Points to Ponder: Going Nowhere? Sometimes That's the Place to Be
Points to Ponder
Going Nowhere? Sometimes That's the Place to Be
I take a "Spin Class" at the local fitness center! I am on a stationary bicycle among row of others in like position, facing an instructor on her own cycle. To the beat of whatever song is playing, she has us spinning the pedals faster or increasing our resistance. We "climb hills" by going heavier and we stand to pump our way up that imaginary incline.
One weekend I had just ridden 150 miles in the MS (multiple sclerosis) 150 Bike Tour. Our team rode to raise money for a good cause. We pumped up real hills, in real wind and even rain, and we spent seven hours on our bikes on Saturday and four more on Sunday. Yet, when I take this 45 minute spin class, the imaginary hills seem harder to climb, and those 45 minutes feel more grueling at times, than the seven hours a few days earlier.
I was pondering that point as sweat ran into my eyes and I biked my heart out, going no where. Ah - that was it! We were not going anywhere. We could see ourselves in the mirror, pushing our bodies, following the instructor's lead, and hoping for that infernal song to end soon. I like the challenge and the results I gain physically from the class, but there is a level of difficulty to it that is different.
I have ridden thousands of road miles on my bicycle in all kinds of weather; but the Spin Class, regardless of my fitness level, is tough. It is actually easier in terms of real physical effort, but the lack of perceivable progress (passing scenery, mile markers, etc.) and the absence of a destination to arrive at, makes the moment by moment exertion much more difficult that it REALLY IS. Stop and ponder that thought for a minute.
Do you think that is why keeping a daily devotional time seems so hard? Do you think that is why your Bible remains closed day after day? You should read it, but it just never gets done.
When we say "I do not know how to pray" or "I do not understand the Bible", or "I can not get into the Sunday School routine," etc. aren't we really saying that the moment by moment "spinning" which these things require is uncomfortably difficult? Not actually HARD, just difficult in a different way.
Let me return to the ideas of "perceivable progress" and a "final destination" Just as it is tough to ride a bike that does not go anywhere, it is tough to get into spiritual work outs that seem to require a lot of effort while (as you look at day to day life) they do not seem to change the circumstances of a day or deliver immediate "progress" reports as you go. Seems that way. You have survived with them or without them, as do thousands of active, good Christian people whom you know. But I take the Spin Class because I have come to like it. What I like exceeds the internal resistance I feel about showing up. I like the results I achieve. The discipline of committing to do it is as much, if not more, valuable to me than actually doing the class.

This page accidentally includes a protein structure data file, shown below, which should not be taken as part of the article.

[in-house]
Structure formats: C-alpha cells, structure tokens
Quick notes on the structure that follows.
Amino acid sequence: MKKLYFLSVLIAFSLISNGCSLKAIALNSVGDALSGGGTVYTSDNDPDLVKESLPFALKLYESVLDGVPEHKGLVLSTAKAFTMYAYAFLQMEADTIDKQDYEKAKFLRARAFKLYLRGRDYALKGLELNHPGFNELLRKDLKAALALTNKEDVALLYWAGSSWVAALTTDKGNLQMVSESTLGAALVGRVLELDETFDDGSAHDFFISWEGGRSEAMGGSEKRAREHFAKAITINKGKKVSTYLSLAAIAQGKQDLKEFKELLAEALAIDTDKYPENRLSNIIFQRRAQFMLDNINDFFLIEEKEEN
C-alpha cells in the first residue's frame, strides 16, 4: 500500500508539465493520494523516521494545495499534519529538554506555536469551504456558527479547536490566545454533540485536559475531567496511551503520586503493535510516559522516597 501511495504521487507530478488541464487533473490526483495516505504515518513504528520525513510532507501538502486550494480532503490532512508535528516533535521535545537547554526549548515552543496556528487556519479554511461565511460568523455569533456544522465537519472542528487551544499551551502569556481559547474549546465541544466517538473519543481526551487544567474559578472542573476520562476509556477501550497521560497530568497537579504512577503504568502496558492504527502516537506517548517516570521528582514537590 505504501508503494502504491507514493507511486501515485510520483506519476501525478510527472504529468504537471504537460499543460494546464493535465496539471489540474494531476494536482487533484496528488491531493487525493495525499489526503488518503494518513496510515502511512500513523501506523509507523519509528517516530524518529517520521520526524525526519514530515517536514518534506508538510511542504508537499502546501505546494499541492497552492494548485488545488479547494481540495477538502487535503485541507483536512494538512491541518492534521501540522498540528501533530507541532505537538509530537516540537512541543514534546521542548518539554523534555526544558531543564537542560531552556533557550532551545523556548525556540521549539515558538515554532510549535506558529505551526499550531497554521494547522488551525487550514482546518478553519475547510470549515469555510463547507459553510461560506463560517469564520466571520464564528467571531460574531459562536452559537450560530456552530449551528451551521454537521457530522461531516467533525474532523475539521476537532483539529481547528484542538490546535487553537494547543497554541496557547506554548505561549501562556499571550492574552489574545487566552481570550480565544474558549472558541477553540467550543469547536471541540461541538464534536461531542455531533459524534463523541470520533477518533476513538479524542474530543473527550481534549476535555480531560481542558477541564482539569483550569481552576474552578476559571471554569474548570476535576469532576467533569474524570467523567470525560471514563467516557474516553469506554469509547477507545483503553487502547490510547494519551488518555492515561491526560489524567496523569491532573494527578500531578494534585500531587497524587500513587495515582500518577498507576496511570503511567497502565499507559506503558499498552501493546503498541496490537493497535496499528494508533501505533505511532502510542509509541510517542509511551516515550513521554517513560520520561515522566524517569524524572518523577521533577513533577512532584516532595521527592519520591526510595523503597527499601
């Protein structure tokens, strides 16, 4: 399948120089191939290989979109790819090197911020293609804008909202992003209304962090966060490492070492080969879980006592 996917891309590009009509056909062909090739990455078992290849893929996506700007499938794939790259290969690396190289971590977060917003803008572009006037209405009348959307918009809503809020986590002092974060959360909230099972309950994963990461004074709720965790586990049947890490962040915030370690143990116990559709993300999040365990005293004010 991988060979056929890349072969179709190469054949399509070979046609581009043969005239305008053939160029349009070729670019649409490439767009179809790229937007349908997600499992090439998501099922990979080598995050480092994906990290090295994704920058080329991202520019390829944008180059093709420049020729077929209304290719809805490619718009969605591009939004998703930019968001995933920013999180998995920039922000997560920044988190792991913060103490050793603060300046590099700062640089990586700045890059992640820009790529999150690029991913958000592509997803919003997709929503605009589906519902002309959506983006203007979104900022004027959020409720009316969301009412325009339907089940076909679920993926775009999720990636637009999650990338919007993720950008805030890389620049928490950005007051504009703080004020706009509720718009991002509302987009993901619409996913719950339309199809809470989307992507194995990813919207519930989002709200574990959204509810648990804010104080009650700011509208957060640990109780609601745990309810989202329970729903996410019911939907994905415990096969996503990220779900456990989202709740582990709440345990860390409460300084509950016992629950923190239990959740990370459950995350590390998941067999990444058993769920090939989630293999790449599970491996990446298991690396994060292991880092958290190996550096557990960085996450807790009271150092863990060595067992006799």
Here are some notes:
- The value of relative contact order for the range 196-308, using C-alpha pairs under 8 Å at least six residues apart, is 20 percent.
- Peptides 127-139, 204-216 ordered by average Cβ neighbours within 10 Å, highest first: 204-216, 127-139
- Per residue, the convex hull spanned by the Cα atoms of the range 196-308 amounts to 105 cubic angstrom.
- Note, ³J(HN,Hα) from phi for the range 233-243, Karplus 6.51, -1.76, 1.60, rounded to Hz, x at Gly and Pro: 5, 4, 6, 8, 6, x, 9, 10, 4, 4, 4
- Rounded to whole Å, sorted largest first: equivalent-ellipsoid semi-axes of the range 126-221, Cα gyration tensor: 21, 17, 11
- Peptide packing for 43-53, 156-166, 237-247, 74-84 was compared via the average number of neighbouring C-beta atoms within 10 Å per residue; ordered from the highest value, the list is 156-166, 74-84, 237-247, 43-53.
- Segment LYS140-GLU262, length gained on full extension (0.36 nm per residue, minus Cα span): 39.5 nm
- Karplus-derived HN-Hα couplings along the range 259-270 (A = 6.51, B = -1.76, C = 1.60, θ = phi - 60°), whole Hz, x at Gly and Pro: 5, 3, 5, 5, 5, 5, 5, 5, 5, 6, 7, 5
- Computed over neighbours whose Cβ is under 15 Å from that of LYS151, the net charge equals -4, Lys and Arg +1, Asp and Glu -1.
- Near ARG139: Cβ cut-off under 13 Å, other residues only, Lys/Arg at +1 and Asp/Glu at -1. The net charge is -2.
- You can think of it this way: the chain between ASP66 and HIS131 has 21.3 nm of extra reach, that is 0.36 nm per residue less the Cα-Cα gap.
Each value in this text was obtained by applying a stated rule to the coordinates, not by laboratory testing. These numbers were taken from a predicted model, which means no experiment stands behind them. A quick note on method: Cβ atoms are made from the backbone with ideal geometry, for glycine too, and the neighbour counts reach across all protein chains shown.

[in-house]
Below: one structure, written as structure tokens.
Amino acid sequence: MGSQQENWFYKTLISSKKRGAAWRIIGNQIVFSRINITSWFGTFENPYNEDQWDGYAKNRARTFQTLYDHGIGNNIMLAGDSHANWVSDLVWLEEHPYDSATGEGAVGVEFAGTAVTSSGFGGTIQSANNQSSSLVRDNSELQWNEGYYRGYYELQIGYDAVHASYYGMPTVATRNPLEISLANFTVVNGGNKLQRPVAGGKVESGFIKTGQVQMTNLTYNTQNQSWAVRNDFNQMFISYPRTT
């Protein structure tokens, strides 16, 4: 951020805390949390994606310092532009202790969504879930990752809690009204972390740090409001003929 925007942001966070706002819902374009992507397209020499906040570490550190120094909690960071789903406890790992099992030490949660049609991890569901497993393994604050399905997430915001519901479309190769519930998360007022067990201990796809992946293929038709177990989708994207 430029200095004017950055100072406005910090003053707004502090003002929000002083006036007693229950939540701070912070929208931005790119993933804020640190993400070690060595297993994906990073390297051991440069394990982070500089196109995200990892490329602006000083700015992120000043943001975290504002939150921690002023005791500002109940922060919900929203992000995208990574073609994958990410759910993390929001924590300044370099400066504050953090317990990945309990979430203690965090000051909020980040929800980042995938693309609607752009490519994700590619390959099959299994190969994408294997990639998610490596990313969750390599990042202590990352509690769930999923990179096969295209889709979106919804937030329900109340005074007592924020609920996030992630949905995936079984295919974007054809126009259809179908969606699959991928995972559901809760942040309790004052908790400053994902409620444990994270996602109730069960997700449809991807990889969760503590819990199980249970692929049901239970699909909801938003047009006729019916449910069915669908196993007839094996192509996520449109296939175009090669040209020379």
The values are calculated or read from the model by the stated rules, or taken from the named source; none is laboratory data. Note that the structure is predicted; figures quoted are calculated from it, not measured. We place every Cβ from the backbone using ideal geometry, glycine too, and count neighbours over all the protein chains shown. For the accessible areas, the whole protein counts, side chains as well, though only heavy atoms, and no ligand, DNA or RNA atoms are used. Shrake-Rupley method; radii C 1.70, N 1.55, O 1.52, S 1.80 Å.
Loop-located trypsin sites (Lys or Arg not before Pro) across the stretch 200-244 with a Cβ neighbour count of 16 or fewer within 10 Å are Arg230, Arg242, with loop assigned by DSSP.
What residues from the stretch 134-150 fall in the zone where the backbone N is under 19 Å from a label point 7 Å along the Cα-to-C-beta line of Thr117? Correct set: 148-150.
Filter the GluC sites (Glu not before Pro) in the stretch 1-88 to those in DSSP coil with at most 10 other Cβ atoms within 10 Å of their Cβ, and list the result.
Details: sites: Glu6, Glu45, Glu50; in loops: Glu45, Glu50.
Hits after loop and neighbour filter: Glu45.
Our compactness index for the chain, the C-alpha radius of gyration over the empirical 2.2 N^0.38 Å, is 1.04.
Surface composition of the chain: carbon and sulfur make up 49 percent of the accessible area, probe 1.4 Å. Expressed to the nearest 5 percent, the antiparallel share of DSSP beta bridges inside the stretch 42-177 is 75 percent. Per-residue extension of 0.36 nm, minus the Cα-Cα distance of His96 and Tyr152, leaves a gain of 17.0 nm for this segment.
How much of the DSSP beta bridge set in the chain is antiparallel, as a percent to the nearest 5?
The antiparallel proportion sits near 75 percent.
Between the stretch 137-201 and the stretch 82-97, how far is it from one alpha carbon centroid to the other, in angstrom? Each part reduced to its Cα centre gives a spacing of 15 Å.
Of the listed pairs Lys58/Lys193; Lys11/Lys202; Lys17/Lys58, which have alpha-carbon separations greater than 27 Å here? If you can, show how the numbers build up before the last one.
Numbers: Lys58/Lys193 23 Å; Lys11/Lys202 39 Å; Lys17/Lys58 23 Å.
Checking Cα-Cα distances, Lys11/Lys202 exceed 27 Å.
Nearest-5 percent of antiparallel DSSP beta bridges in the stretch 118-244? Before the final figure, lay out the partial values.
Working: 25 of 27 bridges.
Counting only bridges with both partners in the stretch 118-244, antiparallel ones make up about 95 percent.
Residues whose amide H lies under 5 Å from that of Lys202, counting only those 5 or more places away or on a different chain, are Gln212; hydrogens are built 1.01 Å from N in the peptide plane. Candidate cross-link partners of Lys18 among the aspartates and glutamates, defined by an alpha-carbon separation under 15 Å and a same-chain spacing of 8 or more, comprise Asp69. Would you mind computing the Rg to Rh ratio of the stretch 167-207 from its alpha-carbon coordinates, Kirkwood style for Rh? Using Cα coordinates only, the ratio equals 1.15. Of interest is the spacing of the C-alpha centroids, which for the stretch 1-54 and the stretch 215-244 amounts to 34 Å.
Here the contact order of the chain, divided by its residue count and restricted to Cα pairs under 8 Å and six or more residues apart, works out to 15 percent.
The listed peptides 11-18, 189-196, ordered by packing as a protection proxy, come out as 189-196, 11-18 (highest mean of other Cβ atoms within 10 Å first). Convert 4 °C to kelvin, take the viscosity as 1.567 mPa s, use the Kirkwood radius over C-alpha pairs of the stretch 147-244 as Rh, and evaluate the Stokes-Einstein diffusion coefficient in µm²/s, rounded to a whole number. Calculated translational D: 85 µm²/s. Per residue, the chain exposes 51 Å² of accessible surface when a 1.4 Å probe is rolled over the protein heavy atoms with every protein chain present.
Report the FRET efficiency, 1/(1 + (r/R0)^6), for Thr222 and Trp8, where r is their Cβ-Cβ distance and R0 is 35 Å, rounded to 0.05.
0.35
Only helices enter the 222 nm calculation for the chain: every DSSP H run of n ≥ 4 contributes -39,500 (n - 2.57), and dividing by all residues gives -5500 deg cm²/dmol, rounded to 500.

Paul speaks in I Corinthians 9:24-27 about running the race to win and maintaining self-control in all areas of life so that one can perform at one's best. Of course he is talking about the spiritual race of living the Christian life. But one has a difficult time being spiritually disciplined if one has not disciplined the vessel in which that spirit resides. "I discipline my body and bring it into subjection..." (v27), Paul says. I have found that the early morning discipline of exercise (whether I want to do it or not) helps me bring the rest of my day into balance and order to a greater extent than it would be without that routine. I listen to sermons on the radio, tapes on leadership, and I talk to God as I keep my body occupied with the routine for that morning.
The spiritual discipline of Bible Study, prayer, and quiet time are difficult to do; however, they are rarely beyond your ability. You COULD do it even if you feel that internal resistance to just get started.
As I reflect on areas of growth in my life and in my relationship with the Lord, I have found that the path of least resistance usually turned out to be, at best, a disappointment or at worst a total waste of time. When I faced the more challenging things and decided to do what I ought to do (like it or not), I came out on the other side of the experience blessed. In the midst of a struggle or the work of bringing my body (my life) into subjection, I did not see "perceivable progress," nor did I observe a destination up ahead. But later on, when I looked back, it was all there all along.
In the early days of my Christian walk, I leaned on Paul's words in Philippians. From a cold, smelly jail he writes in verses 12b-13: "...work out your own salvation with fear and trembling, for it is God who works in you both to will and to do for His good pleasure."
To will and to do...those are the words I formed into a prayer. I asked God to give me the "want to to want to"--to work within me the will, the desire to do the harder right. I needed a change in my will, so that the outcome of my daily priorities, values, and choices would follow a more Christ-like pattern. A lot of the time this did and still does require a lot of "spinning," and seeming to go nowhere. But the effort has never been a waste. God always redeems the time and at some point reveals both the progress along the way and the destination that is yet to come.
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